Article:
This study analyzed stress and strain mediated by 2 different implant materials, titanium (Ti) and experimental fiber-reinforced composite (FRC), on the implant and on the bone tissue surrounding the implant. Three-dimensional finite element models constructed from a mandibular bone and an implant were subjected to a load of 50 N in vertical and horizontal directions. Postprocessing files allowed the calculation of stress and strain within the implant materials and stresses at the bone-to-implant interface (stress path). Maximum stress concentrations were located around the implant on the rim of the cortical bone in both implant materials; Ti and overall stresses decreased toward the Ti implant apex. In the FRC implant, a stress value of 0.6 to 2.0 MPa was detected not only on the screw threads but also on the implant surface between the threads. Clear differences were observed in the strain distribution between the materials. Based on the results, the vertical load stress range of the FRC implant was close to the stress level for optimal bone growth. Furthermore, the stress at the bone around the FRC implant was more evenly distributed than that with Ti implant.
Bone growth, remodeling, and adaptation are all believed to be partly regulated by the mechanical properties of the tissue. This phenomenon has been hypothesized to be driven by microscopic damage that stimulates bone adaptation to reconfigure optimal bone strength (Wolff's law). A significant modification of the bone's local stress and strain distribution is attained after reconstruction of occlusion with oral implants. The extent and nature of the remodeling process depends partly on the shape and rigidity of the occlusal scheme.
Fiber-reinforced composite (FRC) is a novel material with potential advantages for use in oral and craniofacial applications, as well as in orthopedics.1–3 Previous studies concerning the mechanical properties of FRC implants have shown good performance in the laboratory environment.4,5 Recently, in vitro and in vivo studies have shown that certain FRC material is biocompatible in the cell culture environment, and preosteoblasts have been shown to mature and proliferate well on the FRC substrates.6,7 However, the influence of occlusal loads on bone-remodeling phenomena around FRC implants has not been reported. The biomechanical connection between an FRC implant and bone under different loading conditions is not well known and is extremely difficult to measure in vivo. Three-dimensional (3D) computer modeling and subsequent finite element (FE) analysis make possible the simulation of biomechanical conditions involving an oral implant with different materials and directions of load.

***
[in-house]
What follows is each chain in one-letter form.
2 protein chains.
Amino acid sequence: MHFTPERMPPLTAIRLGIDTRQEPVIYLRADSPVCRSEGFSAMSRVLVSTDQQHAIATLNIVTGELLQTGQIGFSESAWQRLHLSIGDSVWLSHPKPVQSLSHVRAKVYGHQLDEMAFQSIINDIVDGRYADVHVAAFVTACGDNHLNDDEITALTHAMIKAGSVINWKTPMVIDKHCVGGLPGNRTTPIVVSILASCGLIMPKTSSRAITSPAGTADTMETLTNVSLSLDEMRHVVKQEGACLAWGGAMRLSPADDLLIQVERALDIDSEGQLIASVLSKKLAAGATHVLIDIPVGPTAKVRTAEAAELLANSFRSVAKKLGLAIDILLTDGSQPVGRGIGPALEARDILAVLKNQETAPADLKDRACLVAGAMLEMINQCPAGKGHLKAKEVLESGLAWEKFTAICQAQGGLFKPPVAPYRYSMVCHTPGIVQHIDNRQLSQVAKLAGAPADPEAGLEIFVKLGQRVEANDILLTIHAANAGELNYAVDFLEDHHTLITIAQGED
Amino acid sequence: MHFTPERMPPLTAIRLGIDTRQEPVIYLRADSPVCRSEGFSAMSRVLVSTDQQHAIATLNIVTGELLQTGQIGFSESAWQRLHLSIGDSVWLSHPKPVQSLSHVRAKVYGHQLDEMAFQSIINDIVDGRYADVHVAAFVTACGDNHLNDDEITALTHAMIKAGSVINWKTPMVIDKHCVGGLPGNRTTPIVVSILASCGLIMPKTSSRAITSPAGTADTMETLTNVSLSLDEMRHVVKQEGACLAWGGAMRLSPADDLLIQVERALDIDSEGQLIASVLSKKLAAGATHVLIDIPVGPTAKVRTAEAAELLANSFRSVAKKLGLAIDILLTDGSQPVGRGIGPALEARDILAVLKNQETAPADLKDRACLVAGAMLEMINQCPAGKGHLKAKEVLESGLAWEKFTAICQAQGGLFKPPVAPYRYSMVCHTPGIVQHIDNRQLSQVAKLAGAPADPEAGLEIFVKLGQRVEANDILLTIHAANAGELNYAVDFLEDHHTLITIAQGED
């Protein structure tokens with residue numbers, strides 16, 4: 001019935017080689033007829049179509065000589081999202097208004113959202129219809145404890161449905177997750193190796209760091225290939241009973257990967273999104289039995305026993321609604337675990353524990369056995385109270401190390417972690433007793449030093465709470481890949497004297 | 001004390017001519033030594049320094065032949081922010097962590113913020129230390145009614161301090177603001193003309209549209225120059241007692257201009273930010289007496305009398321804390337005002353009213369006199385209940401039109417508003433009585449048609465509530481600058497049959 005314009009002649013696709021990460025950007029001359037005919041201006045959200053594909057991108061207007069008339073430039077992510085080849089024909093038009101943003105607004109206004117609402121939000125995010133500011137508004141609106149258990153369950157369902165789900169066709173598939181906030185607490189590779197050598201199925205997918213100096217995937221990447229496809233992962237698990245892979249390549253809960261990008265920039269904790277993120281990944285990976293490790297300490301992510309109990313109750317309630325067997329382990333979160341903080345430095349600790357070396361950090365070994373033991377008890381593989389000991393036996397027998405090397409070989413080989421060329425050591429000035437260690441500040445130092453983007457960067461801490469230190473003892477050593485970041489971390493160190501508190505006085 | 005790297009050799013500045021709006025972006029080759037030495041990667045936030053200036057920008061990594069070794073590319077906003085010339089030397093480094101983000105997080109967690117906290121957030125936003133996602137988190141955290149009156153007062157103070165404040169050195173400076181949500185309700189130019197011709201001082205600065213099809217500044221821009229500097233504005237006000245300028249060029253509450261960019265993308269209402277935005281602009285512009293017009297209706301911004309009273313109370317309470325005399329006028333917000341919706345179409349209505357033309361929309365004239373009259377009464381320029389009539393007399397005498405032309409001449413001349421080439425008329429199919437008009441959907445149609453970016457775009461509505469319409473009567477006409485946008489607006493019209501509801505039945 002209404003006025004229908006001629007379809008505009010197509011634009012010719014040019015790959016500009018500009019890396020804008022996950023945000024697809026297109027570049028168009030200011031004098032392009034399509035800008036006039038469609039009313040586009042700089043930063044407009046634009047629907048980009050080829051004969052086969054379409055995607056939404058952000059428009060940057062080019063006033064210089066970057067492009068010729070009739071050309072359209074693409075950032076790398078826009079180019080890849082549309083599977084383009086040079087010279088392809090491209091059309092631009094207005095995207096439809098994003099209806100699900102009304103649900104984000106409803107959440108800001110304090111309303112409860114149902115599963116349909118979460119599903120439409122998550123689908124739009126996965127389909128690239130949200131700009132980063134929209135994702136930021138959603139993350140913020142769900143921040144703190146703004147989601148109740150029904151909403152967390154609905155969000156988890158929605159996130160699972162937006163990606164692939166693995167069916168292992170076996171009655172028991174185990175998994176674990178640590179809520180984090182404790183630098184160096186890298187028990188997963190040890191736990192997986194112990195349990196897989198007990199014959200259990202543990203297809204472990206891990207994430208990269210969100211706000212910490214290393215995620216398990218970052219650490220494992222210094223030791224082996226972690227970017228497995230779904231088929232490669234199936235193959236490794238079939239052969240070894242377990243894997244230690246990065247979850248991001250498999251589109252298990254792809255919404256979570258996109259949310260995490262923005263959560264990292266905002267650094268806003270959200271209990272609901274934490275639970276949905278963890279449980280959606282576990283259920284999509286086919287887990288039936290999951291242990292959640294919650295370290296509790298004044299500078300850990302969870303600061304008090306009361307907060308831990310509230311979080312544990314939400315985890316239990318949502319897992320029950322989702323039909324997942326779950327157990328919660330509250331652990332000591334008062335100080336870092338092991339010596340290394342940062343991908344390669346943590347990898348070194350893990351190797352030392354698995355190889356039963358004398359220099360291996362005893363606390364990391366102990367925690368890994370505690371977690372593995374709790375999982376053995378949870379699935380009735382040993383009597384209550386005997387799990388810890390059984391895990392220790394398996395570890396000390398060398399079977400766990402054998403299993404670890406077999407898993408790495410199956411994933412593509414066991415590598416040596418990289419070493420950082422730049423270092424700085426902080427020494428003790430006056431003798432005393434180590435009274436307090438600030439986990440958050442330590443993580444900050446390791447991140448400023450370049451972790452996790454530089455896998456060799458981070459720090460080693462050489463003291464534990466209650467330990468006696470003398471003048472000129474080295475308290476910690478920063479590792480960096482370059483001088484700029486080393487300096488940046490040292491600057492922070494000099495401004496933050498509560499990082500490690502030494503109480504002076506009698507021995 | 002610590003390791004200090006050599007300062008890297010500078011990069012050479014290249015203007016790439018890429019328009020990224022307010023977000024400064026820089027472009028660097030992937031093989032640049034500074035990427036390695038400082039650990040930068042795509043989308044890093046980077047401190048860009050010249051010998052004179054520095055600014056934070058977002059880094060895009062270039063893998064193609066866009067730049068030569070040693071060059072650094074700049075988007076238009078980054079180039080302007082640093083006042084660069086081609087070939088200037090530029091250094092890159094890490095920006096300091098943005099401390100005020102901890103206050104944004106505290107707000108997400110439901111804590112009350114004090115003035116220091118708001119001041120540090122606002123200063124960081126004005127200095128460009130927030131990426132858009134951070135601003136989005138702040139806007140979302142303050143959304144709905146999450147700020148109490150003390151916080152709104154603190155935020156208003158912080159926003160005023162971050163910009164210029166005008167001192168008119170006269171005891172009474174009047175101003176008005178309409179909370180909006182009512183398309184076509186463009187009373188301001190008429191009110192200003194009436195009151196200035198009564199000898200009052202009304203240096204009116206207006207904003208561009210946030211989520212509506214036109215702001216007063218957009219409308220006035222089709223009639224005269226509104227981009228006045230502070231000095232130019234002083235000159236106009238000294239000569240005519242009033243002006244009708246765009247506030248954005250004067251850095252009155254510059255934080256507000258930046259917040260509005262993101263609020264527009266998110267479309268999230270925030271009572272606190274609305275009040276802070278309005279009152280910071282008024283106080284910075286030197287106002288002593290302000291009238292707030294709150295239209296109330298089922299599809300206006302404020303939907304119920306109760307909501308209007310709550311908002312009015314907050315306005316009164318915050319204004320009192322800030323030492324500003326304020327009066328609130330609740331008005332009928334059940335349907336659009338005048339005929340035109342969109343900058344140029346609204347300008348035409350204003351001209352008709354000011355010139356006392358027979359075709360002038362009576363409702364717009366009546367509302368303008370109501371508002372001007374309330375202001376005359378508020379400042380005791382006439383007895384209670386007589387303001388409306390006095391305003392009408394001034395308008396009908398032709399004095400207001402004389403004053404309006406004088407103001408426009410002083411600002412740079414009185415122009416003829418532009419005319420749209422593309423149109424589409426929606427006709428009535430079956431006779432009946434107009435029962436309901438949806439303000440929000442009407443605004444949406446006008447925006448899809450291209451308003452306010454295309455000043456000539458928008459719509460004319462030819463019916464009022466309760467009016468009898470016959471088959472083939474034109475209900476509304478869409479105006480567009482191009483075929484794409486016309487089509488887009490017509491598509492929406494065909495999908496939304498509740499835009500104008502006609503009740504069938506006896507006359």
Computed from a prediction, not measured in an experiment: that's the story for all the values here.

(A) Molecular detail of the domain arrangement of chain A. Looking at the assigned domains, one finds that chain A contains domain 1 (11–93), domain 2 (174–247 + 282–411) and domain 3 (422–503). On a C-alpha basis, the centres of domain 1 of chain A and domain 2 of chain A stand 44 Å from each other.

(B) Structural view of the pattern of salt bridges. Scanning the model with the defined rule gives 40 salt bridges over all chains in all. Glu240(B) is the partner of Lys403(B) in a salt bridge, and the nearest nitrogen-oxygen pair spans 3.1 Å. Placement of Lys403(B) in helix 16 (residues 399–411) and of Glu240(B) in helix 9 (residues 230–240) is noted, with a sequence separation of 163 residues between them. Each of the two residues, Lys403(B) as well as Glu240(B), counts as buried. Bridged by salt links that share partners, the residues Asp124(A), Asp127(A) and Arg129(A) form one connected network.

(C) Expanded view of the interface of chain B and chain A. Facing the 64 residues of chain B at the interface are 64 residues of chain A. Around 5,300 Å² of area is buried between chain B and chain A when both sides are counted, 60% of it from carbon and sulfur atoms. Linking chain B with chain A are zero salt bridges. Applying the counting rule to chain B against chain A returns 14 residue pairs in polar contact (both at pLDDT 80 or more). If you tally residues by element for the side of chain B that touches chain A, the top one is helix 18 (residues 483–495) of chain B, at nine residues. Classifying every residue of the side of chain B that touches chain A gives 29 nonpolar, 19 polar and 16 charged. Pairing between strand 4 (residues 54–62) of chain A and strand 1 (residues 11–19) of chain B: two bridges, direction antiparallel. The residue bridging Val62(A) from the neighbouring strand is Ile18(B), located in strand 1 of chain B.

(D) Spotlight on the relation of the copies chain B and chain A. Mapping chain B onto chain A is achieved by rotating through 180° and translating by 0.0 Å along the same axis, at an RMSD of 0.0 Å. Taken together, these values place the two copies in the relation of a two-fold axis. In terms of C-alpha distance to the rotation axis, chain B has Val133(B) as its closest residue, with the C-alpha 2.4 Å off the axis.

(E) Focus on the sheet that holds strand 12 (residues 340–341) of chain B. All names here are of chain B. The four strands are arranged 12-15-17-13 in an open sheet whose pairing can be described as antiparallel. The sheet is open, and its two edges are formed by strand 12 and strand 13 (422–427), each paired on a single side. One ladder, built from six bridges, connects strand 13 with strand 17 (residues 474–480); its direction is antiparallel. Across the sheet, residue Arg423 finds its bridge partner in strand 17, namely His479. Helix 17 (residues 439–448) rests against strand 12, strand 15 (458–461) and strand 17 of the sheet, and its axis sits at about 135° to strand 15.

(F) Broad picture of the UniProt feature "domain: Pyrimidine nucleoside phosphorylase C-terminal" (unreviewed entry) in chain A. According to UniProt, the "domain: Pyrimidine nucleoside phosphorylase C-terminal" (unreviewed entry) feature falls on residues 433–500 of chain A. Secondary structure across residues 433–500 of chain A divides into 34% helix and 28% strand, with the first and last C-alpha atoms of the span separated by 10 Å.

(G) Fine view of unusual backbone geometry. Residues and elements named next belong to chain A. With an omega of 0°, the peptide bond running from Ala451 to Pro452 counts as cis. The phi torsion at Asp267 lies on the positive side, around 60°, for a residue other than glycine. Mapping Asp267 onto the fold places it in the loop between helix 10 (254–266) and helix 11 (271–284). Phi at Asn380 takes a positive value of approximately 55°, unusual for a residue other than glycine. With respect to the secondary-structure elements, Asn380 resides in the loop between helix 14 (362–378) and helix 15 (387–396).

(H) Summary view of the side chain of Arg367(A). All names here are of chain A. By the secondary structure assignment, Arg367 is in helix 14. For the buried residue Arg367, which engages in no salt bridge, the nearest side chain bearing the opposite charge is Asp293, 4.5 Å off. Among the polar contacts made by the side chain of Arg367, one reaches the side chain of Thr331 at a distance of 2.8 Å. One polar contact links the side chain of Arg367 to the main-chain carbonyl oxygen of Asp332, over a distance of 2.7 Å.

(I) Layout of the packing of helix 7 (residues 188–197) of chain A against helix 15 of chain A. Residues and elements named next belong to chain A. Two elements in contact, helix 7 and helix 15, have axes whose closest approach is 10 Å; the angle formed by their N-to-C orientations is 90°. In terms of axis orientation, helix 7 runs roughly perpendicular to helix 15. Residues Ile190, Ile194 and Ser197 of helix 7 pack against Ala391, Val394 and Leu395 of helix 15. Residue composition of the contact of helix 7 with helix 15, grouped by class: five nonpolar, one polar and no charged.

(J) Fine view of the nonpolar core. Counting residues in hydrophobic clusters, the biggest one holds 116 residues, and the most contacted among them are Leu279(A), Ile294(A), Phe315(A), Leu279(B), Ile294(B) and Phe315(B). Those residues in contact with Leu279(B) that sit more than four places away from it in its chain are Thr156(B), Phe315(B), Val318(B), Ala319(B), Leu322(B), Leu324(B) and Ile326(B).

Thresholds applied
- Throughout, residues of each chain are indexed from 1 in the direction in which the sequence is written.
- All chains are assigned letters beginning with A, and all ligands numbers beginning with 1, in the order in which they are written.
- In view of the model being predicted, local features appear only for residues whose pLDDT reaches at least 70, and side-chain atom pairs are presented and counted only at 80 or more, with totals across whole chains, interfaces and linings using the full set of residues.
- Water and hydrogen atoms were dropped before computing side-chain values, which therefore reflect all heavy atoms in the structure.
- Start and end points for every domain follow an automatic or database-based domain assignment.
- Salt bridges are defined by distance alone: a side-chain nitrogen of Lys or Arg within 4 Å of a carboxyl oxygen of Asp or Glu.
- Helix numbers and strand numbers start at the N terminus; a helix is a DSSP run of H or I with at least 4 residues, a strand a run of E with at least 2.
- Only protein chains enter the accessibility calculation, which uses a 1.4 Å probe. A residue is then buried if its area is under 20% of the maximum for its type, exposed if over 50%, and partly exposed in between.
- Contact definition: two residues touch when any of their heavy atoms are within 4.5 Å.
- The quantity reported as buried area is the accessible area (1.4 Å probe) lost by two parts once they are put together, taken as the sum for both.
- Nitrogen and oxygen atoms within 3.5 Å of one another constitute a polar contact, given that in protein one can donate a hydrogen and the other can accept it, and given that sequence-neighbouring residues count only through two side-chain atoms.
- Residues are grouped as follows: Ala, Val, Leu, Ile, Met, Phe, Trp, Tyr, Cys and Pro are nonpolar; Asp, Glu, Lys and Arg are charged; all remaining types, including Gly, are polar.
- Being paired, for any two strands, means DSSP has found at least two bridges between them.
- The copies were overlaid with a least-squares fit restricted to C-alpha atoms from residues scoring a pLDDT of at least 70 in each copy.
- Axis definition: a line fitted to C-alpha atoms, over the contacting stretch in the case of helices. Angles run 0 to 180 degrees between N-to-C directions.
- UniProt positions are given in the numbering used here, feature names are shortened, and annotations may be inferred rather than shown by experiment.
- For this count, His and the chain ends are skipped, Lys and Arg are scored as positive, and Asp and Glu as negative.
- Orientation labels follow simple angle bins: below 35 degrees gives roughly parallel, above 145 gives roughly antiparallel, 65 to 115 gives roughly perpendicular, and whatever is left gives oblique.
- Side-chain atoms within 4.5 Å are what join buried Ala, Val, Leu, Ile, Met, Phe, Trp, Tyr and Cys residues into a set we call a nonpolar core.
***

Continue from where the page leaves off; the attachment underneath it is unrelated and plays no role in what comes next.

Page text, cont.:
The aim of this study was to analyze stress and strain mediated by 2 different implant materials on either the implant or on the bone tissue surrounding the implant. The secondary aim was to compare interfacial stresses between 2 different implant materials, titanium (Ti) and FRC, under 3 different directions of load.
Materials and Methods
Definition of structures and geometric conditions
A mandibular 3D FE bone model was created. A mandible of a 25-year-old man with missing premolar was captured from a dental computerized tomography (CT) system (3DX MCT-1 TYPE F, Morita, Tokyo, Japan). The mesiodistal dimension of tooth space was 8 mm, and the height of the mandible in the symphysis region was 30 mm. A mandibular simulation of the A-1-2–type bone structure (most of the alveolar ridge is present and a thin layer of cortical bone surrounds a core of dense trabecular bone of favorable strength), according to the classification by Lekholm and Zarb,8 was followed. The implant with a total length of 15 mm and a diameter of 4.1 mm was incorporated into the model. The implant was a cylindrical screw design with a rounded apical section (Figure 1). Two different implant materials, anisotropic continuous unidirectional E-glass FRC and isotropic Ti, were used. The FRC implant was composed of unidirectional long-axis E-glass fibers with pBisGMA-PMMA and resin (pBisGMA-pTEGDMA) screw threads, and the Ti implant was composed of commercial type 4 pure titanium. Each implant had an insertion length of 10 mm into the bone, while 5 mm remained as an abutment part above bone level. In all models, the implants were placed in the center of a mandibular crest and the middle of the mesiodistal plane. A prosthetic superstructure was not created. The coordinates of each point of the shape were then put into a preprocessor of an FE analysis program (ANSYS 11, ANSYS Inc, Houston, Tex) to build solid models for the mandibular bone and the implant.